9. Turbofrog

    Turbofrog Mu-43 Hall of Famer

    Mar 21, 2014
    Knowing how good the GX7 is - so, so much better than the E-M10 and E-M1 that I compared it against - I would say that the GX8 is likely the best body on the market for manual focusing, simply because of the bigger, better (biggest, bestest?) EVF.

    Panasonic's touch magnification and excellent focus peaking implementation are simply unbeatable. Much better than Olympus, and even better than Sony.

    The GX85 has the added advantage of stabilizing the viewfinder with the IBIS the way Olympus bodies do, so it may be even better in practice despite the smaller EVF.
     
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  10. RnR

    RnR Mu-43 All-Pro

    Sep 25, 2011
    Brisbane, Australia
    Hasse
    A Fuji :)



    Go to 2:35 or there abouts.
     
    Last edited: Apr 27, 2016
  11. tkbslc

    tkbslc Mu-43 Hall of Famer

    That doesn't seem to have anything over Panasonic.
     
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  12. MarkRyan

    MarkRyan Instagram: @MRSallee

    772
    May 3, 2013
    California
    IMO, peaking is not precise enough for photography. I use magnification for manual focus, and magnification is most usable with stabilization in live view. Any of the Olympus 3- and 5-axis cameras are good for it. I do prefer focusing on E-P5 + VF4 and EM5ii vs. the EM10 because of the improved finder resolution.

    The new GX85 may also be a good option, but I haven't used it. From what I understand, its IBIS works in live view, unlike the IBIS in other Panasonic bodies.

    For video, if you need to adjust focus while recording, peaking is the way to go. And I don't think Olympus bodies support peaking while recording, while Panasonic bodies do.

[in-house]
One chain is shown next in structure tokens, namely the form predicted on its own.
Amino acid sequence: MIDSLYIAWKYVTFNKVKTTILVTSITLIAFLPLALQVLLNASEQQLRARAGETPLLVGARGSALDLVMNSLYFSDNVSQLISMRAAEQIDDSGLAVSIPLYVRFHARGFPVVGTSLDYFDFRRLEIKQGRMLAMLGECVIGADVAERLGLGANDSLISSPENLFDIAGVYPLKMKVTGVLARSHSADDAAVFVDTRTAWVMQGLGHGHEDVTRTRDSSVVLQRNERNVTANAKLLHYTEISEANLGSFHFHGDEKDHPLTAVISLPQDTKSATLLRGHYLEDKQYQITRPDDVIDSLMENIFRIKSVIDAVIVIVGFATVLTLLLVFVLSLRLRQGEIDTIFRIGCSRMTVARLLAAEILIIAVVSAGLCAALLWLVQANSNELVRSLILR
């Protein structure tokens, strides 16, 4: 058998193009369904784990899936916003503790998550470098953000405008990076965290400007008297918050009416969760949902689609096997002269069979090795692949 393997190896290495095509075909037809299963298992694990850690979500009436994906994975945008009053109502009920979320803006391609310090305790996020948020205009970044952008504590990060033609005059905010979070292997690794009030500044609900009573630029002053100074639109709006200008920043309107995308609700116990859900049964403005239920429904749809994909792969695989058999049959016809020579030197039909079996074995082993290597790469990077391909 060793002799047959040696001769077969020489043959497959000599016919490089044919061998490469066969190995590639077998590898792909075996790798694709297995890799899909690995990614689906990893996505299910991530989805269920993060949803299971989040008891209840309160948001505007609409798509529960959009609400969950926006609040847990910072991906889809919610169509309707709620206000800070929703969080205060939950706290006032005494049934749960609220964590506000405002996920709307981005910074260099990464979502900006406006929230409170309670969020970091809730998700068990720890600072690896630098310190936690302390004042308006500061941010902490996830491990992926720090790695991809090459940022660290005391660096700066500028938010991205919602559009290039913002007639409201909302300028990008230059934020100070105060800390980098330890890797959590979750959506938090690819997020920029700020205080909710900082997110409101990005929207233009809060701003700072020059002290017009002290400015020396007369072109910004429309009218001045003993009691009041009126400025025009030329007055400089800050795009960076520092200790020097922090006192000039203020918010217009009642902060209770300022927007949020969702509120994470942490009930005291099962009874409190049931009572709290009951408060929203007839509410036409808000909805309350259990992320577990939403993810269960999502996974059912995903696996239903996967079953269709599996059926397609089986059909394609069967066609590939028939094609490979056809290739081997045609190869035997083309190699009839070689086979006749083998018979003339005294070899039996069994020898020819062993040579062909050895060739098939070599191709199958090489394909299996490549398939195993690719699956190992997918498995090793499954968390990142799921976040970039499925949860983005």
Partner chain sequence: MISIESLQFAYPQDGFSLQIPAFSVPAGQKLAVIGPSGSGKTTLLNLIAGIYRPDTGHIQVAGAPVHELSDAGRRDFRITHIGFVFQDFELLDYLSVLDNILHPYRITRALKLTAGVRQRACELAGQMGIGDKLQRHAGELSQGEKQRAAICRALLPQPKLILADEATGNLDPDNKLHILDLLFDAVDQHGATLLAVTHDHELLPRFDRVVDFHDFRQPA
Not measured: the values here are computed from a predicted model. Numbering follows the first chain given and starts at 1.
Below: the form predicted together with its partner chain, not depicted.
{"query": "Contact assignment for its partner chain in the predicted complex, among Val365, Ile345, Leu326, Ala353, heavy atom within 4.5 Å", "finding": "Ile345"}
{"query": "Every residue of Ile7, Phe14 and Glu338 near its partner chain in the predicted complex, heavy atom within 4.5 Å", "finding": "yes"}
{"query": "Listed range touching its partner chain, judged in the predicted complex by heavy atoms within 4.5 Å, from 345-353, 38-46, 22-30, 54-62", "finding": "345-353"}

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  13. MaK543

    MaK543 Mu-43 Regular

    139
    May 1, 2012
    MD USA
    I had tried Fuji's split image focus for about a week using x70. IMO It's nothing but a gimmick.
     
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  14. rmcnelly

    rmcnelly Mu-43 All-Pro

    Aug 21, 2015
    Portsmouth, VA
    After using several manual focus lenses on my GX8 I have found focus peaking to be an unreliable indication of good focus. The EVF is good enough (without focus peaking enabled) on the GX8 to determine sharp focus, and the magnified view will always do the job if needed.


    Sent from my iPhone using Mu-43 mobile app
     
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  15. TNcasual

    TNcasual Mu-43 All-Pro

    Dec 2, 2014
    Knoxville, TN
    I originally with the E-M10 for the IBIS and focus peaking. It didn't take long for me to move to magnify instead of the peaking. It just seemed to work better. Maybe with a better implementation of peaking I would feel different.
     
    Last edited: Apr 28, 2016
  16. wjiang

    wjiang Mu-43 Hall of Famer

    Hmm even with Panasonic's better peaking, it's just not good enough for critical focus with shallow DoF, especially macro.
     
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  17. Zobeid Zuma

    Zobeid Zuma Mu-43 Regular

    39
    May 13, 2013
    I think it would be most convenient if I could hold down the button, focus, and then release it. But I guess the guys at Olympus are much more clever than me?